Question: In the comments on my previous Q&A on training to momentary muscular failure on timed static contractions, someone asked what I thought about performing isometrics in several different points in the range of motion (ROM) of an exercise. His reason for asking is that some studies, including research performed by MedX, have shown strength gains from isometric exercise to be specific to the position trained for most people.
Answer: If your goal is to improve your general muscular strength and size you do not need to perform isometrics in more than one position. While some studies on isometrics suggest strength gains are position specific the effect appears to be due to neural adaptations rather than to changes in the muscle that would affect general strength or appearance, and other studies show strength gains are not specific to the position trained.
If your goal is to lift more weight in a specific exercise for competition there may be benefit to taking advantage of the neural effect and alternating between performing the exercise dynamically and performing it isometrically at the weakest position or “sticking point”. This is not going to transfer to greater improvements in strength in similar joint angles in different movements, however.
If general strength gains were specific to the positions trained isometrically during exercise (as opposed to exercise specific neural adaptations) it would mean a person’s strength curves would change over time to match the resistance curves of the exercises they perform. If this happened the sticking points in those exercises would eventually be eliminated, but this doesn’t happen; no matter how long you perform the barbell squat or bench press in your workouts the bottom of the ROM of those exercises will always be more difficult than the top.
It would also mean someone who only performs an exercise isometrically for a long time may become weaker in other portions of the ROM and have difficulty in them if they attempt the exercise dynamically. However, this does not happen either. I have trained many people using TSC protocol on the RenEx isometric machines which measured and displayed their force input. On occasion I would have people perform some of their exercises dynamically instead of using TSC, increasing their weight for the dynamic exercise proportional to their isometric strength increases. Contrary to what would be expected if the strength gains were specific to the position trained during TSC, their strength curves did not appear to be effected.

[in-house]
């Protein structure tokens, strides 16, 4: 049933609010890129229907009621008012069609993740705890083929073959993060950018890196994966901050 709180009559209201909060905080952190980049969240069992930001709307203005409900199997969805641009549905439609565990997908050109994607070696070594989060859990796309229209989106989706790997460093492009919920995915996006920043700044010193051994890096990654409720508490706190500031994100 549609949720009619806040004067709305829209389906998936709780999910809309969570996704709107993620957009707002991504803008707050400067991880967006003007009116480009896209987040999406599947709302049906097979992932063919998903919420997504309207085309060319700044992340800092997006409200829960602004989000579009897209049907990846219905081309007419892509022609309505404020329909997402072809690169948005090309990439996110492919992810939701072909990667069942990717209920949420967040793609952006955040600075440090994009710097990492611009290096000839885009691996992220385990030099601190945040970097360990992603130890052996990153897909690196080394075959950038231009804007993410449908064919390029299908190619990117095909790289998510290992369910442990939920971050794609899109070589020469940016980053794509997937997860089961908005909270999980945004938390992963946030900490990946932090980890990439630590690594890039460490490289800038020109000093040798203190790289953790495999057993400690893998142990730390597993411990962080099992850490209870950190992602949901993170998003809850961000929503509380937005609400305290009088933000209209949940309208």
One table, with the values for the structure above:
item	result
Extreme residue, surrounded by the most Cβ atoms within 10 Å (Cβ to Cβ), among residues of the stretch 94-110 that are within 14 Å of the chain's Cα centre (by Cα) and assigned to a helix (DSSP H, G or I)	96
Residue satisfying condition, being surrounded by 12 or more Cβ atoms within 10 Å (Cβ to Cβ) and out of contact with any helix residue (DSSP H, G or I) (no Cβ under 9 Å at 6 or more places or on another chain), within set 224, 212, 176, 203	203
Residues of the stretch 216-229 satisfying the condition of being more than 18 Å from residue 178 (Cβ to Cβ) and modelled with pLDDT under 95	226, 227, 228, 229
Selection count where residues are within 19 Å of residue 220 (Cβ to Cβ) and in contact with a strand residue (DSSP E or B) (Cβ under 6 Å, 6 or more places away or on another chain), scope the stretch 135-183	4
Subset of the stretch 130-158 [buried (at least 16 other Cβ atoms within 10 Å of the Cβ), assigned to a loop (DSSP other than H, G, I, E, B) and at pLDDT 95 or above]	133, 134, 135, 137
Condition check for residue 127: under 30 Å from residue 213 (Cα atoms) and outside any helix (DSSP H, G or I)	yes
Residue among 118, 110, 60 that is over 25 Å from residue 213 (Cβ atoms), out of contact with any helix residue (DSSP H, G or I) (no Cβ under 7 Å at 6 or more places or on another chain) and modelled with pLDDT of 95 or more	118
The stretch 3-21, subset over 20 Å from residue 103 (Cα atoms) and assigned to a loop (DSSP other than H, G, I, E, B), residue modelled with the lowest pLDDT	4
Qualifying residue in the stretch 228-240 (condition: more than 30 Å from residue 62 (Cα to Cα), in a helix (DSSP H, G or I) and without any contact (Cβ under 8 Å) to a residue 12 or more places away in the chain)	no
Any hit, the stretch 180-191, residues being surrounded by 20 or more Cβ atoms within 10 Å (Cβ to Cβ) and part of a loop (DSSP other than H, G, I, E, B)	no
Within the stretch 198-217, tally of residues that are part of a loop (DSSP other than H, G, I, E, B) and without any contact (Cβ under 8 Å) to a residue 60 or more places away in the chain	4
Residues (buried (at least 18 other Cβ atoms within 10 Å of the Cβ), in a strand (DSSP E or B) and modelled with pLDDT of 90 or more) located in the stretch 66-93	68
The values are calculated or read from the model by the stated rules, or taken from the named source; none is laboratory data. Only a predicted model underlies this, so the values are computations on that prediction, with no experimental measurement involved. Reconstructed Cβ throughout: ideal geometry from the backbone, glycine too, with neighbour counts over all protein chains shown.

For most exercises I recommend performing isometrics at or below the mid-range position. Avoid performing any kind of isometrics at or near the end point of compound pushing movements and avoid performing static holds in positions where the targeted muscles are stretched.
- Graves, J., Pollock, M., Jones, A., Colvin, A., & Leggett, S. (1989). Specificity of limited range of motion variable resistance training. Medicine And Science In Sports And Exercise, 21(1), 84-89.
- Knapik JA. Mawdsley RH. Ramos MU: Angular Specificity and Test Mode Specificity of Isometric and lsokinetic Strength Training. Journal Of Orthopaedic & Sports Physical Therapy 5:58-65.1983
- Kitai, T., & Sale, D. (1989). Specificity of joint angle in isometric training. European Journal Of Applied Physiology And Occupational Physiology, 58(7), 744-748. doi:10.1007/bf00637386
- Jackson, A. (1985). Strength Development: Using Functional Isometrics in an Isotonic Strength Training Program. Research Quarterly For Exercise And Sport, 56(3), 234-37.